Culturally Reflective Practices

How can educators be more critical about their teaching and observant of their diverse classroom?


To be a self-reflective teacher is a lofty ideal, but what specific steps can we take to pursue it effectively? It is expected that every educator can be critical and evaluate themselves as much as their students. Culturally reflective practices and culturally responsive learning are important skills for any educator. In this section, you will find writings that address these important cornerstones of your relationship with teaching.

Remember that this is not everything there is to know about culturally reflective practices. The resources below are only a few, and it is strongly encouraged that you discover your own culturally reflective practices, while you explore the work of other teachers like you. Always keep learning.

A thought-provoking article about the application of critical thinking skills, as well as culturally reflective practices when bringing important issues into the classroom; and how that helps to engage students.

Being a culturally reflective teacher takes work. It requires a willingness to look at yourself and critically analyze what you are doing in the classroom. It can be hard to know where to start, so this teacher gives an easy step-by-step guide as to how he reflects upon his own teaching.

Gude offers an atypical type of art curriculum by suggesting we consider culture and community while we plan our lessons and explore our curricula.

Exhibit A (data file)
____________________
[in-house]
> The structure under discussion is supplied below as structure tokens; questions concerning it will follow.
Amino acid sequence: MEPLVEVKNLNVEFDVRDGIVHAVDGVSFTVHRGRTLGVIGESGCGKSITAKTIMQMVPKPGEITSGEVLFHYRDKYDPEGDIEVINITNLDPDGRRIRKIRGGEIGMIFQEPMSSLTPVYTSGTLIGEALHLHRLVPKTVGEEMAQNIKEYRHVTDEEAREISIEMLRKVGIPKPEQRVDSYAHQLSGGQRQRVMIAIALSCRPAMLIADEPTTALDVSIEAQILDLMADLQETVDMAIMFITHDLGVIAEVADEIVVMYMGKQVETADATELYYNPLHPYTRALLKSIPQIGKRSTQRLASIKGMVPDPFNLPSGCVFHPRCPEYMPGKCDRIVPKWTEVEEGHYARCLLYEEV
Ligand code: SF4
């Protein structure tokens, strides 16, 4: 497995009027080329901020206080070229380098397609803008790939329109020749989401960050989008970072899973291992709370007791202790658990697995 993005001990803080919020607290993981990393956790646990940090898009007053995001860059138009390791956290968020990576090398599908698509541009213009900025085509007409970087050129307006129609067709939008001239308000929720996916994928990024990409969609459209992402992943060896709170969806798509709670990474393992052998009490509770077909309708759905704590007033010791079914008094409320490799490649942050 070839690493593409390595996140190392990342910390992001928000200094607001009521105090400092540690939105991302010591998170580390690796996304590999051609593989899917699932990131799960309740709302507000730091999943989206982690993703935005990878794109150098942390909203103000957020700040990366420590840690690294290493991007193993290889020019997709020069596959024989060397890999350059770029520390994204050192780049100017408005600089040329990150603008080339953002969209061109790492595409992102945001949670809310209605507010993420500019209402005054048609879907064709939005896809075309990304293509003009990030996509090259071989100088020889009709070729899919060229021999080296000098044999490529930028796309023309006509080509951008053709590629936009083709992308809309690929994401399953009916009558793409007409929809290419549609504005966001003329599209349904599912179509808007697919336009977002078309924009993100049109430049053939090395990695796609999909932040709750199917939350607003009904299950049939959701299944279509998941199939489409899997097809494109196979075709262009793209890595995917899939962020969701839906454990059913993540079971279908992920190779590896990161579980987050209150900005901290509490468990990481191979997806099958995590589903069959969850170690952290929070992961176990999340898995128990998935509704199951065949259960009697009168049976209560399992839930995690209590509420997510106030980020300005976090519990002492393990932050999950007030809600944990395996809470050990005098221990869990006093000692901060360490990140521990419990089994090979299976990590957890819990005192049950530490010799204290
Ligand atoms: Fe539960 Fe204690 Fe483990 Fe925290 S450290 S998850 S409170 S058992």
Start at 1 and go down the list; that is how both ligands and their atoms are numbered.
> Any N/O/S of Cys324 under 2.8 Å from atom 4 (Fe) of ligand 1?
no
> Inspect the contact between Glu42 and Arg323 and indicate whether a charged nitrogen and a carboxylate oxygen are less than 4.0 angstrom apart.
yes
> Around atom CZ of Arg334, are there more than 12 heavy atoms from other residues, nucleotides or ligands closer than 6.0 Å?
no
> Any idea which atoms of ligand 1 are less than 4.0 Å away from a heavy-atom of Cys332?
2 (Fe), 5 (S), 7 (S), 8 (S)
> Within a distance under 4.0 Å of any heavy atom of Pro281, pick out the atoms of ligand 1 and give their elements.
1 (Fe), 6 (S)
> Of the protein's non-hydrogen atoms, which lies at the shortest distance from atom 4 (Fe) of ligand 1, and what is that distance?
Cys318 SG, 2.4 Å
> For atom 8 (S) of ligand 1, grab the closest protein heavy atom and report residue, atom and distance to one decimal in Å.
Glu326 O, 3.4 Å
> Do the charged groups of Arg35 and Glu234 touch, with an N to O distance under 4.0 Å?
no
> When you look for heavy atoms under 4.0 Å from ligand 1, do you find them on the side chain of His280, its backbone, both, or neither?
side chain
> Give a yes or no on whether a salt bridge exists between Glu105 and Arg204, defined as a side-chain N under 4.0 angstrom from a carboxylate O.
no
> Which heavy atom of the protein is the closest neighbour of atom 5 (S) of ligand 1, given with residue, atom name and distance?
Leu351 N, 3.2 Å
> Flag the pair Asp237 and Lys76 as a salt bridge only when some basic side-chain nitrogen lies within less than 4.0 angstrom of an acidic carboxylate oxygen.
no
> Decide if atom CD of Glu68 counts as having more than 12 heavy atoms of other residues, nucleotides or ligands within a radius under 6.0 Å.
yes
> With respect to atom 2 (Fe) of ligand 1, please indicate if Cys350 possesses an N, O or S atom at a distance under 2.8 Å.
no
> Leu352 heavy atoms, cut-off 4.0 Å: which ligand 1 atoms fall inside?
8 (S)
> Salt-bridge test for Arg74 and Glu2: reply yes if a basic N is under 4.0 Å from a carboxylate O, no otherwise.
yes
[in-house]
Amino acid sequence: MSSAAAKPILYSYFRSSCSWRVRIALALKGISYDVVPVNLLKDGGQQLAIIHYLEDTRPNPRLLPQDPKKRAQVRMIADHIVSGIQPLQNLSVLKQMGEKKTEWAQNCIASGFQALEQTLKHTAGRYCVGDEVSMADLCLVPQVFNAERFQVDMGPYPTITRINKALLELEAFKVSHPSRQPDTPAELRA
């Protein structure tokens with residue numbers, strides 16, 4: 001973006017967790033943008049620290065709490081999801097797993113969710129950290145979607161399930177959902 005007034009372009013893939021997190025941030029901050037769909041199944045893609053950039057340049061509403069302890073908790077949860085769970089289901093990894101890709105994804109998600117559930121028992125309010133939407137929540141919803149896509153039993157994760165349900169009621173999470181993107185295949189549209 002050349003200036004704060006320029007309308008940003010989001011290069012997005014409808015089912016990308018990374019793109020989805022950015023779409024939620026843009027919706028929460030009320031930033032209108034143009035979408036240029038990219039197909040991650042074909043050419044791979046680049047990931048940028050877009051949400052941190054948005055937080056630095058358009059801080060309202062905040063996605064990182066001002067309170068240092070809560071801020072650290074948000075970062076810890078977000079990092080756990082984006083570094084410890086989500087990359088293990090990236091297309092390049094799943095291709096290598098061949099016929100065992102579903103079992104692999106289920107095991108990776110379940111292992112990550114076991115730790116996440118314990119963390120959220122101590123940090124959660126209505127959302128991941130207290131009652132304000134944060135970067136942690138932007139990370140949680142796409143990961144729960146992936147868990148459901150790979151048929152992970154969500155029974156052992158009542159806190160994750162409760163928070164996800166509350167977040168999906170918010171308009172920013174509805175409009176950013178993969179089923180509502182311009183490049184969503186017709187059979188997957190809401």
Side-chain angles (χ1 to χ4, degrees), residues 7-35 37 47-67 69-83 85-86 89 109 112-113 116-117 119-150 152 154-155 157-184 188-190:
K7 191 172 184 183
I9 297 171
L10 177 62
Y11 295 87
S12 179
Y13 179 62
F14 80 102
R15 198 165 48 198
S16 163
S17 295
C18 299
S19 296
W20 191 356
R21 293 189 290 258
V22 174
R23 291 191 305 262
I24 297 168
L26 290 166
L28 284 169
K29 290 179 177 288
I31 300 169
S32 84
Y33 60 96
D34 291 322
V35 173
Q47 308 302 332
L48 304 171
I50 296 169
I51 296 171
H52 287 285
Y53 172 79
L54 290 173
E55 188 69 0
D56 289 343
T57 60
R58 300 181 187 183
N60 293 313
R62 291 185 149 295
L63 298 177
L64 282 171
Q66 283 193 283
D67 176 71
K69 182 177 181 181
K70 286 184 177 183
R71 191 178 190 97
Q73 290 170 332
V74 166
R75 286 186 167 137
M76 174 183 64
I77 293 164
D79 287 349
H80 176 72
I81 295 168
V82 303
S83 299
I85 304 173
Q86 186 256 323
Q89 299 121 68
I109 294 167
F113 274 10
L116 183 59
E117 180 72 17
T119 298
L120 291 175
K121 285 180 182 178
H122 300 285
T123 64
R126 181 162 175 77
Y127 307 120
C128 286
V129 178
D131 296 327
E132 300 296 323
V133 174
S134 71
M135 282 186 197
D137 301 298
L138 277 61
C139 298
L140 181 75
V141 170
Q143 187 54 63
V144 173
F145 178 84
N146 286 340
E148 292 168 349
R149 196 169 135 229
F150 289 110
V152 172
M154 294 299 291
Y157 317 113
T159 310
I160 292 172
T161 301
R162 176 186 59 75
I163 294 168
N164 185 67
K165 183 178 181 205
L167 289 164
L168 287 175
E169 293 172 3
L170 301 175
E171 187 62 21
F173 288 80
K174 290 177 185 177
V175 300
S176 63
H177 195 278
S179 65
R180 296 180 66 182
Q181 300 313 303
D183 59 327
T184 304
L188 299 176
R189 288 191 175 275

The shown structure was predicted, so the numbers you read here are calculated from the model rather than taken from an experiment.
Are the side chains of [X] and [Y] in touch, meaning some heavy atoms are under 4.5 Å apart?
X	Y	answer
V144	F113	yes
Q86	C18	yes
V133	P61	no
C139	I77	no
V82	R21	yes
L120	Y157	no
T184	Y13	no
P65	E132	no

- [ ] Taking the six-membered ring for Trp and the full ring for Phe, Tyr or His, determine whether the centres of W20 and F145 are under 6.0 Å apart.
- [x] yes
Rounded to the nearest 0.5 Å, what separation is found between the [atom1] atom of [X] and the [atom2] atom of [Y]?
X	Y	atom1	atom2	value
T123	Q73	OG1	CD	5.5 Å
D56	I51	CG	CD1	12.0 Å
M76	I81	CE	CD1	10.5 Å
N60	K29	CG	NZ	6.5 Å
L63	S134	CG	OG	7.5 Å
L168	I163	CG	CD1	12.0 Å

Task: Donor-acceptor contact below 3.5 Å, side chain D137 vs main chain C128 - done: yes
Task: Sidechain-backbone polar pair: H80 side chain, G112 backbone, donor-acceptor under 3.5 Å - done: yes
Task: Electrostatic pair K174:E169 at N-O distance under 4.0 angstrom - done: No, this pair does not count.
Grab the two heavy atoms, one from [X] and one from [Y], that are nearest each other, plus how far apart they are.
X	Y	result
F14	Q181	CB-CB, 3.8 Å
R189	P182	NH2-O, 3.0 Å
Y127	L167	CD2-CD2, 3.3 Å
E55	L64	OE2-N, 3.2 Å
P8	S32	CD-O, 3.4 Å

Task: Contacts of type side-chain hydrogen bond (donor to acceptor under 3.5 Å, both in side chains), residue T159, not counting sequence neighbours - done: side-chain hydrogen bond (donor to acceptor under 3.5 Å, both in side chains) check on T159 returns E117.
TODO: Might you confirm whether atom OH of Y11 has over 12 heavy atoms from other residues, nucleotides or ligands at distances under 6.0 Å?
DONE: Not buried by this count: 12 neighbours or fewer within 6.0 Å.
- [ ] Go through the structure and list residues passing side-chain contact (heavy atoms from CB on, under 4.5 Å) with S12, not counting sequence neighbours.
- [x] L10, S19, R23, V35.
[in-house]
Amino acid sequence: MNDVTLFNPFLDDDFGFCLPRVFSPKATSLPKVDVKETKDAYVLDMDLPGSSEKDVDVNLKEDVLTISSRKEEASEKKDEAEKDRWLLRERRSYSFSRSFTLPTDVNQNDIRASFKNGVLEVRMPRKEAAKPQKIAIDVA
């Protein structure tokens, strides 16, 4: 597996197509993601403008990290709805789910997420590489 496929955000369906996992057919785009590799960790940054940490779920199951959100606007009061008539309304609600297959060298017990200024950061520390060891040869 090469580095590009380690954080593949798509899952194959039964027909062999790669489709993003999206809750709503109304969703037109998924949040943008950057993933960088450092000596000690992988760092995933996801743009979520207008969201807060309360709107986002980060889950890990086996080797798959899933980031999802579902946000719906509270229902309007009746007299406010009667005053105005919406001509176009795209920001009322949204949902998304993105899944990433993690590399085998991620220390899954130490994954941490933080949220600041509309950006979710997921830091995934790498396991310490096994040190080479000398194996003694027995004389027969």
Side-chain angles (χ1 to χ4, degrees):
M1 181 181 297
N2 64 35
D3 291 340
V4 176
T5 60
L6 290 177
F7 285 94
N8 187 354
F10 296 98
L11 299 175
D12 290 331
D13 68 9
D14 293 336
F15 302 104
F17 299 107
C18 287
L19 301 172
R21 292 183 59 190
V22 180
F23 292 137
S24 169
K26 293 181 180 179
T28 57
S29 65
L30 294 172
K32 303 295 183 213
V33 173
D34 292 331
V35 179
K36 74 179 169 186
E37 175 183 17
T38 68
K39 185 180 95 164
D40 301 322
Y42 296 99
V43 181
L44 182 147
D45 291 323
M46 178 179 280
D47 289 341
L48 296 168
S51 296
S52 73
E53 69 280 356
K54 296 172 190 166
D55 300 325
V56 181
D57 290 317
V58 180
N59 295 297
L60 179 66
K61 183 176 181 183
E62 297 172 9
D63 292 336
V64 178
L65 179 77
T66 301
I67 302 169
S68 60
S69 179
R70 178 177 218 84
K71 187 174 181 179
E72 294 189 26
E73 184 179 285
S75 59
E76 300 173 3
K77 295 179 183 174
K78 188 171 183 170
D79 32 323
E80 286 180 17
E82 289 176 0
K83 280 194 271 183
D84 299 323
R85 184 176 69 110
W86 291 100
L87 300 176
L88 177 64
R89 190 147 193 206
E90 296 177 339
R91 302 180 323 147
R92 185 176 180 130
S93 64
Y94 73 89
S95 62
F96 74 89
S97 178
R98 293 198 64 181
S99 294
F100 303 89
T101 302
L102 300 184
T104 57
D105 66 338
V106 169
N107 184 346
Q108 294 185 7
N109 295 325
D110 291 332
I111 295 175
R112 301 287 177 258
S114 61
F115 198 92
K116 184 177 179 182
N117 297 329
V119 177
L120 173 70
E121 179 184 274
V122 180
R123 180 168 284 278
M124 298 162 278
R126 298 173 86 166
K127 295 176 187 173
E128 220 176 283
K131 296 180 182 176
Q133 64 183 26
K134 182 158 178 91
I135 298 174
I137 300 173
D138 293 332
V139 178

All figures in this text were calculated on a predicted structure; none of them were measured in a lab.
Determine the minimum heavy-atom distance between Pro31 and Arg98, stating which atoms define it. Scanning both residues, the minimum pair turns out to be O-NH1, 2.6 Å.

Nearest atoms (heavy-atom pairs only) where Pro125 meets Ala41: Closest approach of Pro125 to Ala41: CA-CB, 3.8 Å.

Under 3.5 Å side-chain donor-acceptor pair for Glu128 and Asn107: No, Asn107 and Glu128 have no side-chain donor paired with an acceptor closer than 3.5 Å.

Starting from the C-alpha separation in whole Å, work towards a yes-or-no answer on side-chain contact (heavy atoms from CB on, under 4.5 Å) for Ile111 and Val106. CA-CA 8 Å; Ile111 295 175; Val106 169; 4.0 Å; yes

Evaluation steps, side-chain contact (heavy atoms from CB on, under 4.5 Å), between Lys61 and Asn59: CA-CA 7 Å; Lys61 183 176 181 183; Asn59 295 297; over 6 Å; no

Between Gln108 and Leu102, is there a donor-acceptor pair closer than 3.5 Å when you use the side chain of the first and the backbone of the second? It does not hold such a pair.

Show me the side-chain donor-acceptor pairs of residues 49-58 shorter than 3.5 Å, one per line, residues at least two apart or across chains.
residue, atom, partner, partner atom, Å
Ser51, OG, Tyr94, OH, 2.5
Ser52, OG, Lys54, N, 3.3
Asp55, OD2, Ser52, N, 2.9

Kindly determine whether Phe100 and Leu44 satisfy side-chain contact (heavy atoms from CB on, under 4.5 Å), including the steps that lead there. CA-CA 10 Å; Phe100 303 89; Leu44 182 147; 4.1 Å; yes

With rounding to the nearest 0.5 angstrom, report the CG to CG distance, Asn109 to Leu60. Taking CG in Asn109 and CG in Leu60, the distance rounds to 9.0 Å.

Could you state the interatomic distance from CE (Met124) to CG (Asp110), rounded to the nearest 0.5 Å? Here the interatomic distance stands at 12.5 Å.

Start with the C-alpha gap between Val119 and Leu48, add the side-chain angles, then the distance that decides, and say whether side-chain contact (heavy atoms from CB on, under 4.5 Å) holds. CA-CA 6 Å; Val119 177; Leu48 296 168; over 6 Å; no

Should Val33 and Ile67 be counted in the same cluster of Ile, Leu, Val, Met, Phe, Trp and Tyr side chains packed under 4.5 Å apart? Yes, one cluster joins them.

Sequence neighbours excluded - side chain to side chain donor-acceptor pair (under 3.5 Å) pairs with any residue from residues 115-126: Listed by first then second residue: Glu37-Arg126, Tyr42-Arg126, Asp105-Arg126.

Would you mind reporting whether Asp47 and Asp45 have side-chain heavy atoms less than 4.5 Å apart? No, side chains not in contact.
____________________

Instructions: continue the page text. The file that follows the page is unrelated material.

An interactive article that should help you practice your critical thinking about culturally relevant practices. Investigate culture in the classroom, and how teachers have been succeeding with Culturally Relevant Teaching (CRT) in their classrooms.

Not finding what you need? Maybe you want to go more in-depth? Then check out these other resource centers:

Edutopia is a bustling online community for teachers, where you can read (and even post) lessons, blogs, articles, and videos.

ARTSEDGE, developed by the prestigious Kennedy Center, offers a curated collection of arts-based lesson plans, blogs, articles, and journals.

Just in case you ever meet someone who questions the value of art education in an essential curriculum: ArtsEdSearch offers a growing collection of published scientific studies and research that support the many varied benefits of arts-based education.

From the IVLA: a broad selection of carefully chosen material in support of visual literacy for many pursuits: including, but not limited to, education.